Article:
November 1982 – May 2002
Brendan Gerard McGahon
22 November 1936
Dundalk, County Louth, Ireland
|Died||8 February 2017 (aged 80)|
Ravensdale, Louth, Ireland
|Political party||Fine Gael|
(m. 1970; d. 2011)
|Alma mater||University College Dublin|
Often described as 'colourful', with a reputation as a social conservative, McGahon was first elected to Dáil Éireann at the November 1982 general election and retained his seat until retiring at the 2002 general election.
McGahon was born in Dundalk, County Louth, and was educated at St. Mary's College in Dundalk. His grandfather, T.F. McGahon, was one of the inaugural members of Dundalk Urban District Council when it was created along with other Irish local authorities by the British Government in 1898. T.F. McGahon was a leading member of the Irish Parliamentary Party (IPP). He started a local newspaper, the Dundalk Democrat which was supportive of the IPP. T.F. was a critic of the War of Independence campaign, of Sinn Féin, and of the then IRA, arguing that the campaign would result in the partition of Ireland. He was later succeeded on the council by his son, O.B. McGahon who in turn was followed by his nephew, Hugh McGahon. The family subsequently supported the National League Party and the Independent TD James Coburn and joined Fine Gael when Coburn joined the party. They were also prominent members of the Ancient Order of Hibernians.
Brendan married Celine Lundy, a widow from Newry, County Down, and took over the running of the family newspaper business in the 1960s and succeeded his cousin Hugh, on Dundalk Town Council and on Louth County Council at the 1979 local elections. He played soccer for Dundalk F.C. in the Premier Division for a number of years. McGahon was an unsuccessful candidate at the 1981 general election and at the February 1982 general election. He was first elected to Dáil Éireann for Louth at the November 1982 general election, defeating incumbent Fine Gael TD, Bernard Markey. He was re-elected at the next five general elections.
A notable aspect of his political career was his stand against the Provisional IRA when that organisation's campaign of violence was at its height. At great personal risk he refused to close his newsagents shop in Dundalk during the funerals of the hunger strikers in 1981. He took another huge risk a few years later when he gave evidence in the High Court is support of the Sunday Times, which was being sued for libel by Thomas Murphy for accusing him of directing an IRA bombing campaign in Britain. Local gardaí were ordered not to get involved in that case but McGahon was not deterred from giving evidence that helped the newspaper to defend the claims being made against it by Murphy.
A maverick and outspoken TD he was known to speak his mind on many issues including divorce, crime, and single mothers. He once advocated that paedophiles should be castrated as part of their prison sentence and was the only TD to oppose the referendum to abolish the death penalty from the Constitution. He also argued that those aged under 21 years of age should not be able to drive or drink, he was a member of the World anti-Communist League and opposed the decriminalisation of homosexuality.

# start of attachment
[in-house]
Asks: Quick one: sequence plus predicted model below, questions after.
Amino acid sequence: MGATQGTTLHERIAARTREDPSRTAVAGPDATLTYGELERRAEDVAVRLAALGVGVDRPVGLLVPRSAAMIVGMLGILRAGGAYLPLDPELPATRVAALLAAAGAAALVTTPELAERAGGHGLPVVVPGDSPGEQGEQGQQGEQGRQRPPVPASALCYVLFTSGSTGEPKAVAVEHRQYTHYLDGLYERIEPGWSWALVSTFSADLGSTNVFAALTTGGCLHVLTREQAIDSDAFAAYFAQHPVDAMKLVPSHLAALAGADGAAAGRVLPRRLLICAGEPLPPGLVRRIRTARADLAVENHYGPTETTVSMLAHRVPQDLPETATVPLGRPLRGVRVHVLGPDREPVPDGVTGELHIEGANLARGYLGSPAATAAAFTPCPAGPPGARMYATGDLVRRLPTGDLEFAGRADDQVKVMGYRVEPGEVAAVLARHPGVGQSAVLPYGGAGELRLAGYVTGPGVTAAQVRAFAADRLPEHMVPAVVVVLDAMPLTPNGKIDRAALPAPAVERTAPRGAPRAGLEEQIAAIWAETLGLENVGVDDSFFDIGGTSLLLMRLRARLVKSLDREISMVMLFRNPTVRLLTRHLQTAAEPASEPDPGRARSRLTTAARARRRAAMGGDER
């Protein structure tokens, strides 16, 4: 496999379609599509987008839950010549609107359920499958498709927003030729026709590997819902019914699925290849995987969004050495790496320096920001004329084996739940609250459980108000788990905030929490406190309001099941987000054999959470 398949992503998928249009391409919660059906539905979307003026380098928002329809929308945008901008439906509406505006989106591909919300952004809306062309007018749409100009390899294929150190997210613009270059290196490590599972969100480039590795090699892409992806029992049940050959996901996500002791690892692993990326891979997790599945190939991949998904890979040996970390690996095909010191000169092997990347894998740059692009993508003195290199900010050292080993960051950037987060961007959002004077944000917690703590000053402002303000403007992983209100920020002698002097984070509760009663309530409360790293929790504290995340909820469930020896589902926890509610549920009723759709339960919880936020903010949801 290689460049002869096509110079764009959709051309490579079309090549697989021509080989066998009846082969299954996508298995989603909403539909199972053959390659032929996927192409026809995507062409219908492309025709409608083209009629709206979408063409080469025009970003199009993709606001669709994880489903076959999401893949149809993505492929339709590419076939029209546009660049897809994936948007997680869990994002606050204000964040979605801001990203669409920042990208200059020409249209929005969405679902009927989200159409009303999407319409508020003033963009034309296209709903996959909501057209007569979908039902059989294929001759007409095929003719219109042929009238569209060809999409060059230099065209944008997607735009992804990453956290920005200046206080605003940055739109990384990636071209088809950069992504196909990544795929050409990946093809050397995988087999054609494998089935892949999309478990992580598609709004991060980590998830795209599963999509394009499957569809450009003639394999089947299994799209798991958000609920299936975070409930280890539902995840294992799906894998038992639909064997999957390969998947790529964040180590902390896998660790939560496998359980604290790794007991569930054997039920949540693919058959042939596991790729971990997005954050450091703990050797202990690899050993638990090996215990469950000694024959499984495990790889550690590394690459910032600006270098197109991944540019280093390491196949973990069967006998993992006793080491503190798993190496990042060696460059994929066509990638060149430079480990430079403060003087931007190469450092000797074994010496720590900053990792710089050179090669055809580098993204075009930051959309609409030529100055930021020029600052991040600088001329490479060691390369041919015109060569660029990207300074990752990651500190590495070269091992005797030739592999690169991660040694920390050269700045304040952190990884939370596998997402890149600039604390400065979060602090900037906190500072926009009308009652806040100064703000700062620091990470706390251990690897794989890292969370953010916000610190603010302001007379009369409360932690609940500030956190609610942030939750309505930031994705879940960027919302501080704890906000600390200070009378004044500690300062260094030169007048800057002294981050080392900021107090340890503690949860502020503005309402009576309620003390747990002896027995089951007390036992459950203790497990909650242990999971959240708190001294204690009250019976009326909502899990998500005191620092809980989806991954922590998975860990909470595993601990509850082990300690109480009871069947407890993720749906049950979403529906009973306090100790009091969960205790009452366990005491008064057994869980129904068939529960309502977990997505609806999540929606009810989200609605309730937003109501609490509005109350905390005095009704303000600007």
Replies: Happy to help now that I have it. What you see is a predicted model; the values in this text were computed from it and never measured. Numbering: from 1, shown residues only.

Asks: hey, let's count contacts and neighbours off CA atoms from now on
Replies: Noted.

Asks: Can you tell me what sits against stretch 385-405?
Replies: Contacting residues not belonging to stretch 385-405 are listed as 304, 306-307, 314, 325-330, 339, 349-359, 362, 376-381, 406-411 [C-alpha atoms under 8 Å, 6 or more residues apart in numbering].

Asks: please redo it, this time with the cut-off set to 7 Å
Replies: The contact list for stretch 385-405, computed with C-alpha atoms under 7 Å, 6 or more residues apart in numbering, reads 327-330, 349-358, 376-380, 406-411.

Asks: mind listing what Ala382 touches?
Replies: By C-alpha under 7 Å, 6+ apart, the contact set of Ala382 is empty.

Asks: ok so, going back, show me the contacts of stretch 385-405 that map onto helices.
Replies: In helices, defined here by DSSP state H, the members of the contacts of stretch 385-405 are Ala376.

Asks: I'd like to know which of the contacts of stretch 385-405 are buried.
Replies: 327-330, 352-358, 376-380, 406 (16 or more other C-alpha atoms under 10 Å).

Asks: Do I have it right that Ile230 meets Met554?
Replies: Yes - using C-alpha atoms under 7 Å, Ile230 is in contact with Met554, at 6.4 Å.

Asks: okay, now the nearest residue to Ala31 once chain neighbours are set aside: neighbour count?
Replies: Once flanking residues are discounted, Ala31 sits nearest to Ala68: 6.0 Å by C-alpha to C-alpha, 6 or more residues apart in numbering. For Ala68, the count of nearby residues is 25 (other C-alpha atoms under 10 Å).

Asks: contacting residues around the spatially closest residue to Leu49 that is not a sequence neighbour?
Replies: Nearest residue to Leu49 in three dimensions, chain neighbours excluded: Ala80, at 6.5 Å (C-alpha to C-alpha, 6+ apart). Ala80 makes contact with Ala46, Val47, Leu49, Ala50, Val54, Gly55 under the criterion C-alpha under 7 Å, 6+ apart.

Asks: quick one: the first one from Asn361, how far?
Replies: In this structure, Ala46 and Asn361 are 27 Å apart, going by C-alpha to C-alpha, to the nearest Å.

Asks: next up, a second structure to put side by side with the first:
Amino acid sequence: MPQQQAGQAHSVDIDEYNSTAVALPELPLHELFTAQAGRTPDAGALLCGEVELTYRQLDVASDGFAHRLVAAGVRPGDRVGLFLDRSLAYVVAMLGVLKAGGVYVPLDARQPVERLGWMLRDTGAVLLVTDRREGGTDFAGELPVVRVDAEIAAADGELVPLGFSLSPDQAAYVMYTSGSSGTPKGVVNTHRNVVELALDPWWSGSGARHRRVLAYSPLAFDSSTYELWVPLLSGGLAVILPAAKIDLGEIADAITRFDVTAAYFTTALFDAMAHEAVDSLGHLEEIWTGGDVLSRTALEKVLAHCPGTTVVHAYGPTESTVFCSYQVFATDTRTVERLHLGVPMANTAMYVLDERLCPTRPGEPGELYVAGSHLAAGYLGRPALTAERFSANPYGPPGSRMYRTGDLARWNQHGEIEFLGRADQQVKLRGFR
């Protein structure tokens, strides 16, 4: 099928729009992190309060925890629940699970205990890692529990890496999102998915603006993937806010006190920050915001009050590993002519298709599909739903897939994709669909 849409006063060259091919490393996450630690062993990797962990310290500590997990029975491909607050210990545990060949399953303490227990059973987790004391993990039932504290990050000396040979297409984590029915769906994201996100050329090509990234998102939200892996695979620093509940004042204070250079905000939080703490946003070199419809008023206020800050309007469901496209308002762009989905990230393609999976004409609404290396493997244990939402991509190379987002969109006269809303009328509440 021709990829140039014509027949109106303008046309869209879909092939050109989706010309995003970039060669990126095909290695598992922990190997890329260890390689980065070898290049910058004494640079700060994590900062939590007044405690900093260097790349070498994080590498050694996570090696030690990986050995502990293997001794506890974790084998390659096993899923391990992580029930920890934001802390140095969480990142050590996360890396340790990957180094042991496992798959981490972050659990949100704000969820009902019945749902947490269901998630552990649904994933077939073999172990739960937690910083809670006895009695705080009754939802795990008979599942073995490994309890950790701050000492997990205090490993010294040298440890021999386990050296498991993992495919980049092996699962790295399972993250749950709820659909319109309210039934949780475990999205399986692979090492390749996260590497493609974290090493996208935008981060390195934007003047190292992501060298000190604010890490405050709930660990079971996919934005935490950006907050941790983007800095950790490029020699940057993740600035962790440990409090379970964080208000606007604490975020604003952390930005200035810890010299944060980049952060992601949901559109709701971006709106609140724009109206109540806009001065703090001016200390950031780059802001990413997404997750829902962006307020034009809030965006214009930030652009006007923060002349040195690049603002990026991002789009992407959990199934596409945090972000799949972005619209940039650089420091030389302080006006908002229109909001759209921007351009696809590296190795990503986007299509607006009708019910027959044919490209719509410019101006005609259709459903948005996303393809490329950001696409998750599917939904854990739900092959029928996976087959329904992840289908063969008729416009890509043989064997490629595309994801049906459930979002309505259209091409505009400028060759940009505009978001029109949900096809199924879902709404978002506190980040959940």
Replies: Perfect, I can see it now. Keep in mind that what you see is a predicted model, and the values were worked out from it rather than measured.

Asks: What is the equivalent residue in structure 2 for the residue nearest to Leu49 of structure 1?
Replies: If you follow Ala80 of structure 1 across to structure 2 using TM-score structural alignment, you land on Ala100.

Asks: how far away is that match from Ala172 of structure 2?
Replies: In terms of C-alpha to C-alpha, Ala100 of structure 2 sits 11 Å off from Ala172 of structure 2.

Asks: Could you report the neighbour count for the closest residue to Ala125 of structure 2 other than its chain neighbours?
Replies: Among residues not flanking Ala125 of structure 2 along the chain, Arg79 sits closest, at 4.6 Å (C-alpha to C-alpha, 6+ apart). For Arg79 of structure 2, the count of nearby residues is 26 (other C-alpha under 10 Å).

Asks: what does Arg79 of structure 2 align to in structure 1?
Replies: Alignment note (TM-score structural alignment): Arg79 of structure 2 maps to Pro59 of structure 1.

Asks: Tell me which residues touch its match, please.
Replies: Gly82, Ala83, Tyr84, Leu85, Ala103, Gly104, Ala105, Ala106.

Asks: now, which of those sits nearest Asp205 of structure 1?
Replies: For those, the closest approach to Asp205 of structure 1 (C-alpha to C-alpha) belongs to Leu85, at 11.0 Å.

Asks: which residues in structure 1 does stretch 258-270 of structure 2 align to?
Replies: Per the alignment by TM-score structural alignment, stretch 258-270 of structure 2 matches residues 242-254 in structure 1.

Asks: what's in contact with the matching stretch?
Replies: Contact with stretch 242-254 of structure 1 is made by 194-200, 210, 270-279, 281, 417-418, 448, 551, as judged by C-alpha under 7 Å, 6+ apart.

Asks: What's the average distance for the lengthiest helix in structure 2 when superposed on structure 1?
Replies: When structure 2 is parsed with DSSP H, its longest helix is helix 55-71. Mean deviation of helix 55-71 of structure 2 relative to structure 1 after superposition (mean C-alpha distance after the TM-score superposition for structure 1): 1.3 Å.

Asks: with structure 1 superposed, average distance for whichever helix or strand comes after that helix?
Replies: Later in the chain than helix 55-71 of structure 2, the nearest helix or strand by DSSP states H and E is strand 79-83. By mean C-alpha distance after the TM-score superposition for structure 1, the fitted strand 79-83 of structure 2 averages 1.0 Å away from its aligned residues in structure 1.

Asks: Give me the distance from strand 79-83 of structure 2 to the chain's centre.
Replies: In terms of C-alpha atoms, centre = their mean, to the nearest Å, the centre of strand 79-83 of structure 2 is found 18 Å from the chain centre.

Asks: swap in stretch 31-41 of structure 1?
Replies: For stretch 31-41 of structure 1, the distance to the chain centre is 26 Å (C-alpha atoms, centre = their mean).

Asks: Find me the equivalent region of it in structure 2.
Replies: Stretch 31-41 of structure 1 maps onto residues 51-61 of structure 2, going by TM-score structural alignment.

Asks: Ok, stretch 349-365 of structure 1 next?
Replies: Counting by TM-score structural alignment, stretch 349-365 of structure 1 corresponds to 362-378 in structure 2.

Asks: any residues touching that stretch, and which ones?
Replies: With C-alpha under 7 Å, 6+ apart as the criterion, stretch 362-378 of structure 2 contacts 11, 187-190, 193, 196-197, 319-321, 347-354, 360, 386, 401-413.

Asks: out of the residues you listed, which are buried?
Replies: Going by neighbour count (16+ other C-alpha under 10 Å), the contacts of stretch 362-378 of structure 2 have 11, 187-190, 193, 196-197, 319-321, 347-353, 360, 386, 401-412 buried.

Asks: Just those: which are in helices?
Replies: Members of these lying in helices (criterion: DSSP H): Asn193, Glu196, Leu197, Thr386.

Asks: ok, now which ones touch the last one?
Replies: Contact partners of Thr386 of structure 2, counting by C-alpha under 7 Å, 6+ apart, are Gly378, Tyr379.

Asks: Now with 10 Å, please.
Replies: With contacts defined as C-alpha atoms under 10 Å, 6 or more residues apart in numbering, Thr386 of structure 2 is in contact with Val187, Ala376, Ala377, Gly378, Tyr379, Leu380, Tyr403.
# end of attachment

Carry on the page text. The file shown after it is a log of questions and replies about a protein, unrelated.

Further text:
On the other hand, he spoke out strongly against the influence of the drink industry and defied his own party whip to vote with his left-wing friend Tony Gregory in favour of banning of hare-coursing. He was also on good personal terms with members of the Oireachtas such as Michael D. Higgins and David Norris despite holding fundamentally opposed views to them.
He did not contest the 2002 general election and retired from politics.
In 1993, he was the only TD to oppose the decriminalisation of homosexuality and said in the Dail that:
|“||"I regard homosexuals as being in a sad category, but I believe homosexuality to be an abnormality, some type of psycho-sexual problem that has defied explanation over the years. I do not believe that the Irish people desire this normalisation of what is clearly an abnormality. Homosexuality is a departure from normality and while homosexuals deserve our compassion they do not deserve our tolerance. That is how the man in the street thinks. I know of no homosexual who has been discriminated against. Such people have a persecution complex because they know they are different from the masses or normal society. They endure inner torment and it is not a question of the way others view them. The lord provided us with sexual organs for a specific purpose. Homosexuals are like left-hand drivers driving on the right-hand side of the road."||”|
McGahon lived in Ravensdale, County Louth. His son, Conor, was a Louth County Councillor from 1991 to 1999 and his brother, Johnny, was a Louth County Councillor from 1995 to 2004. His nephew, John McGahon, was elected to Louth County Council at the 2014 local elections.
- "Mr. Brendan McGahon". Oireachtas Members Database. Retrieved 24 March 2013.
- "Brendan McGahon". ElectionsIreland.org. Retrieved 24 March 2013.
- "Obituary: Brendan McGahon". Irish Times. 11 February 2017. Retrieved 3 December 2017.
- "Dáil Éireann - Volume 432. Private Members' Business. - Criminal Law (Sexual Offences) Bill, 1993: Second Stage". Houses of the Oireachtas. 23 June 1993. Archived from the original on 15 November 2012. Retrieved 10 August 2013.